If you look past all the commotion from the Johnny Manziel-palooza at Day 2 of SEC Media Day, the lineup aside from the Heisman Trophy-winning quarterback was quite intriguing.
All four new SEC head coaches—Kentucky's Mark Stoops, Tennessee's Butch Jones, Auburn's Gus Malzahn and Arkansas' Bret Bielema made their inaugural appearances in Hoover, Ala.
How did each of them handle the bright spotlight from the circus known as SEC Media Day?
Arkansas Head Coach Bret Bielema: A-
Whether it was commenting on pace of play, razzing a media member who fell asleep in the first row or addressing his criticism of the SEC when he was coach at Wisconsin, Bielema put on a show.
"When you're coaching in another league, you can't really brag on another league," Bielema said. "I was a closet SEC fan [at Wisconsin]."
Do you buy it?
Bielema—like every other coach in America—is loyal to the paycheck first, so it's not a shock that he came out strong when asked about it. If these are the types of quotes we are going to receive from Bielema in future, though, he'll soon join South Carolina head coach Steve Spurrier and LSU's Les Miles as a can't-miss participant of SEC Media Days.
Auburn Head Coach Gus Malzahn: B+
Why such a good grade for Auburn's first-year head coach? Here's a good reason courtesy of 1010XL's Chadd Scott.
Of the 10 coaches who've come thru SEC Media Days thus far Hugh Freeze did 1 Radio Row interview, Malzahn 6 all others combined 0. #wareagle— Chadd Scott (@ChaddScott) July 17, 2013
That's not an exaggeration. When head coaches go downstairs to radio row—which is between the lobby of the Wynfrey Hotel and the Riverchase Galleria mall—writers, radio producers and even some fans mob them and make it nearly impossible to navigate the hallway.
Malzahn didn't care, and that's a good thing.
As far as the information he provided, it wasn't all that groundbreaking. Although this little nugget responding to outside criticism of up-tempo offenses being dangerous to the game was noteworthy.
"When I first heard that, I thought it was a joke." he said.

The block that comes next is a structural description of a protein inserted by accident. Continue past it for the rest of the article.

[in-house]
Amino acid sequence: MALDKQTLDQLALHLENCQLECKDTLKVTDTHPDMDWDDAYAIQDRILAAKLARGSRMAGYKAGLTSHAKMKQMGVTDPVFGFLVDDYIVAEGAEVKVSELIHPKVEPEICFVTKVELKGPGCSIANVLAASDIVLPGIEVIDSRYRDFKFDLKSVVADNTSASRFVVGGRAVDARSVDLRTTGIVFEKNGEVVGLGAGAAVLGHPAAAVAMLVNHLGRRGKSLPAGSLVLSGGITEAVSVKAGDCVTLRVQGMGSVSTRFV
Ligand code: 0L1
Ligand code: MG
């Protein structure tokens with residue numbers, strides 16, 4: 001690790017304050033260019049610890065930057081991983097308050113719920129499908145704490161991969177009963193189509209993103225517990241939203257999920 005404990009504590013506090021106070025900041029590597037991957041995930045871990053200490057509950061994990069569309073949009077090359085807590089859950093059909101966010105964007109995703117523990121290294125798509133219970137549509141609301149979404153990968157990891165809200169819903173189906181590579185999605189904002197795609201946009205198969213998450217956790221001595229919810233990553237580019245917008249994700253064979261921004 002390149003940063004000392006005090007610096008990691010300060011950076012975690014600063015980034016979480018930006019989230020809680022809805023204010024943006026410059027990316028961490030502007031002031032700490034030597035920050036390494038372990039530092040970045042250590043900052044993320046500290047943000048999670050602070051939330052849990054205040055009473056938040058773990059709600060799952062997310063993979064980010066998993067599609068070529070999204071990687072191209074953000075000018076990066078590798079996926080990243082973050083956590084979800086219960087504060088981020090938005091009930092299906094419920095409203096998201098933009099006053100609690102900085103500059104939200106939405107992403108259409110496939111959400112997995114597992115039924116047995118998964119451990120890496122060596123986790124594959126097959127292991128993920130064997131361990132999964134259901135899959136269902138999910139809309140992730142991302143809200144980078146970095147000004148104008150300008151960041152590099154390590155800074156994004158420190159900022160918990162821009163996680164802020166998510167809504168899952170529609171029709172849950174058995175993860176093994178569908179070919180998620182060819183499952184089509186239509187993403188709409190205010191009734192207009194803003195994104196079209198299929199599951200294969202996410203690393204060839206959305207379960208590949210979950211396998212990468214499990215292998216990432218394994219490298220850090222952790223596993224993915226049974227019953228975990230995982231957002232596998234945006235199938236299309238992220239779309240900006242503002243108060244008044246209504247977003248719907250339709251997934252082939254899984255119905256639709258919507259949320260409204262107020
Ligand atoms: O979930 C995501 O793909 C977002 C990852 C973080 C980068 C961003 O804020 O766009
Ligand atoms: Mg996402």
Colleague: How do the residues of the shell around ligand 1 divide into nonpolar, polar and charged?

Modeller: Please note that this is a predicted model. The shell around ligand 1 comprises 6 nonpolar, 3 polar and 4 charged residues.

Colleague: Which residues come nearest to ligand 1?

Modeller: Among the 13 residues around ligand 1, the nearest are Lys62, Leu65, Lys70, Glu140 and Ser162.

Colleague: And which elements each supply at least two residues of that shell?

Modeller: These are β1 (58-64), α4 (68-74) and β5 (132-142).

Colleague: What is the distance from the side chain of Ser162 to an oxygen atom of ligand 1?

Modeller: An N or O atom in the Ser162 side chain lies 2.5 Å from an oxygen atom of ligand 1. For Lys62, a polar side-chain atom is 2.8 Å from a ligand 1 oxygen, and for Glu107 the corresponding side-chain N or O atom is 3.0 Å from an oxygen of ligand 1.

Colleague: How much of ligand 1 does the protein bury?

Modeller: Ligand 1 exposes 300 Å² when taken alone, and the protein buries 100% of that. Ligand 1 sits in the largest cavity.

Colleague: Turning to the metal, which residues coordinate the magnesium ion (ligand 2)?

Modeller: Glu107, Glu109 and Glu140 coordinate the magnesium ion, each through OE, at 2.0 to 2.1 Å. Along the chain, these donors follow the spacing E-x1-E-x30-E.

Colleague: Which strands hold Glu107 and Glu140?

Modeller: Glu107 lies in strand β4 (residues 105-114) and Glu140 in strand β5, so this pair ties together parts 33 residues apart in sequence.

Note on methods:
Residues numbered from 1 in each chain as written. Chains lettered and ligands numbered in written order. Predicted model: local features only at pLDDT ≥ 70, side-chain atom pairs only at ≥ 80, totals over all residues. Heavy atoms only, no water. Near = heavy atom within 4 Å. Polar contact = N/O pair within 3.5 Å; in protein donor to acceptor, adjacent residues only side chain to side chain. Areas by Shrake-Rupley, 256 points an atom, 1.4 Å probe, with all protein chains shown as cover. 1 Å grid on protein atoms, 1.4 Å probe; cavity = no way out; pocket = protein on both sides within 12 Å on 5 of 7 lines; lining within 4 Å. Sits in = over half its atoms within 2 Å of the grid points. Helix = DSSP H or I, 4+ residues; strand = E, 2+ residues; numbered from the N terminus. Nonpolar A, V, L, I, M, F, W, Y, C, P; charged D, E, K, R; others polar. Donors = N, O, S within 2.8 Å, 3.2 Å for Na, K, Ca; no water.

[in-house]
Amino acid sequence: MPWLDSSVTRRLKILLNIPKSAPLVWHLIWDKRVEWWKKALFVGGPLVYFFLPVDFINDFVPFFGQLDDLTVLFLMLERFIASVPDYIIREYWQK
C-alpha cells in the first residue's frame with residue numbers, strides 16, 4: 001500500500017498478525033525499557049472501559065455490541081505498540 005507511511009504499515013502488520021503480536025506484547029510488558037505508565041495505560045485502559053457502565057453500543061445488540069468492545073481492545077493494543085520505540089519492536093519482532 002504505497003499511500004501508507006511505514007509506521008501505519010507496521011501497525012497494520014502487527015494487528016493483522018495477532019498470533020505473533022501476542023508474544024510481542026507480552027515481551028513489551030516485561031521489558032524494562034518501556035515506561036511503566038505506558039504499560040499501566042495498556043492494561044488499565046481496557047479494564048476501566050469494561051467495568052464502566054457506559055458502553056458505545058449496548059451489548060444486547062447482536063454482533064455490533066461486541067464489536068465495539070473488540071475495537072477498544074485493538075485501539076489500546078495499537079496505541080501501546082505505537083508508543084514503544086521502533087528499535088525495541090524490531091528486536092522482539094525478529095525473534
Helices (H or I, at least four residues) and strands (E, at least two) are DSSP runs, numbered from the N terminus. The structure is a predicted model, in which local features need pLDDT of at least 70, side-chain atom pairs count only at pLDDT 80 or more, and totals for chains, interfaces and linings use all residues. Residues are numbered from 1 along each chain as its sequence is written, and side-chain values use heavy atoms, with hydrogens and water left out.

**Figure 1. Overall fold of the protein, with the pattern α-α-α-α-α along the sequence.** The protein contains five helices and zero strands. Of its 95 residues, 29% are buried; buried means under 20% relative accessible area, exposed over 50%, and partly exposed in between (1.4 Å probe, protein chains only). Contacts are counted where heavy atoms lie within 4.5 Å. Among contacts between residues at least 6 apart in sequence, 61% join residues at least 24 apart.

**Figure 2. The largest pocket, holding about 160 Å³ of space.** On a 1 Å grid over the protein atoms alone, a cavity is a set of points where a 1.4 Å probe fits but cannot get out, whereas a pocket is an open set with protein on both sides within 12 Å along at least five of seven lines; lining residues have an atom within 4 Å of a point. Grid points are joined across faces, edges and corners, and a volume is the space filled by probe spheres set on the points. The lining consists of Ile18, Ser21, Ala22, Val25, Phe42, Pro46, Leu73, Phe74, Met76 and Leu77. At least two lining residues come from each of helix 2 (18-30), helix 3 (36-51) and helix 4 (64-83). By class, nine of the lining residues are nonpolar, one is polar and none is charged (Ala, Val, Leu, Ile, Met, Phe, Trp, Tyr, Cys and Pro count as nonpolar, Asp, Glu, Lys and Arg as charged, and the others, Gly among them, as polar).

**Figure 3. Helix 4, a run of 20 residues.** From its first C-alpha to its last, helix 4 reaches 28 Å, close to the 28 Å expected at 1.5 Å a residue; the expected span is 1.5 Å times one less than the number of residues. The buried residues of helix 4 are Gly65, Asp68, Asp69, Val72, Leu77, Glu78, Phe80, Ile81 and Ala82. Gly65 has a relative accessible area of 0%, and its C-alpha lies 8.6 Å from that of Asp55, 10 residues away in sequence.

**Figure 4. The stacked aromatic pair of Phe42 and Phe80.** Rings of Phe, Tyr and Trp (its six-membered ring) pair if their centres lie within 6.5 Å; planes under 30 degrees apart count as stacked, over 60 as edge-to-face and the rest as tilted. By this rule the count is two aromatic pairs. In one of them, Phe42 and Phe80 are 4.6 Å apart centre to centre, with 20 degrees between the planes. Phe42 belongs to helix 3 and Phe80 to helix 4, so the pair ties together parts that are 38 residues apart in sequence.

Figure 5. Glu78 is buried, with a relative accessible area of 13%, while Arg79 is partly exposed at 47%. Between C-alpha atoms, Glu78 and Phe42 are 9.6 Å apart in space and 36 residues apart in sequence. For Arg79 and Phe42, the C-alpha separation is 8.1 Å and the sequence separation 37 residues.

The Auburn camp clearly had one message and focused on "a new day." Who will be the quarterback of that "new day?" Malzahn says that is still very much a four-horse race between Kiehl Frazier, Jonathan Wallace, Nick Marshall and Jeremy Johnson.
Tennessee Head Coach Butch Jones: B
Jones is a tightly-wound ball of excitement, and despite the fact that he speaks mostly in cliches, his ability to inspire is powerful enough to make you want to run through a wall.
Jones enthusiastically promoted the Tennessee program. Including how he's building it "brick-by-brick," and his effort to increase the Vols' physical conditioning. He also discussed a developing a renewed attitude and sense of pride on Rocky Top.
Basically, Jones provided a whole lot of sound and fury without many specifics. Or, to put it more simply, "Les Miles light."
But he did manage a little light-hearted humor while in the radio/internet room.
"My given name is "Lyle," he said. "Now you know why people call me 'Butch'."
No word if Jones will issue a statement apologizing to the 'Lyles' of the world.
Kentucky Head Coach Mark Stoops : C-
For a coach who's trying to sell his program to the masses and establish a new identity for his football team, Stoops didn't capitalize on the big stage during his appearance at SEC Media Days.
Stoops was honest and forthcoming, but with Kentucky having great success in recruiting and the program on the rise, the iron was hot to take advantage of the momentum.
Stoops embraced the expectations, but spoke in coach speak for the majority of the morning.
"Yeah, it's really, to be honest with you, an uncomfortable situation for me because it's not my style really to try to temper those expectations," he said. "I think the educated fan knows where we're at as a program, knows we have a lot of work to do."
Not bad, but Stoops certainly could—and should—have done better.
*Barrett Sallee is the lead SEC writer for Bleacher Report. Unless otherwise noted, all quotes were obtained firsthand.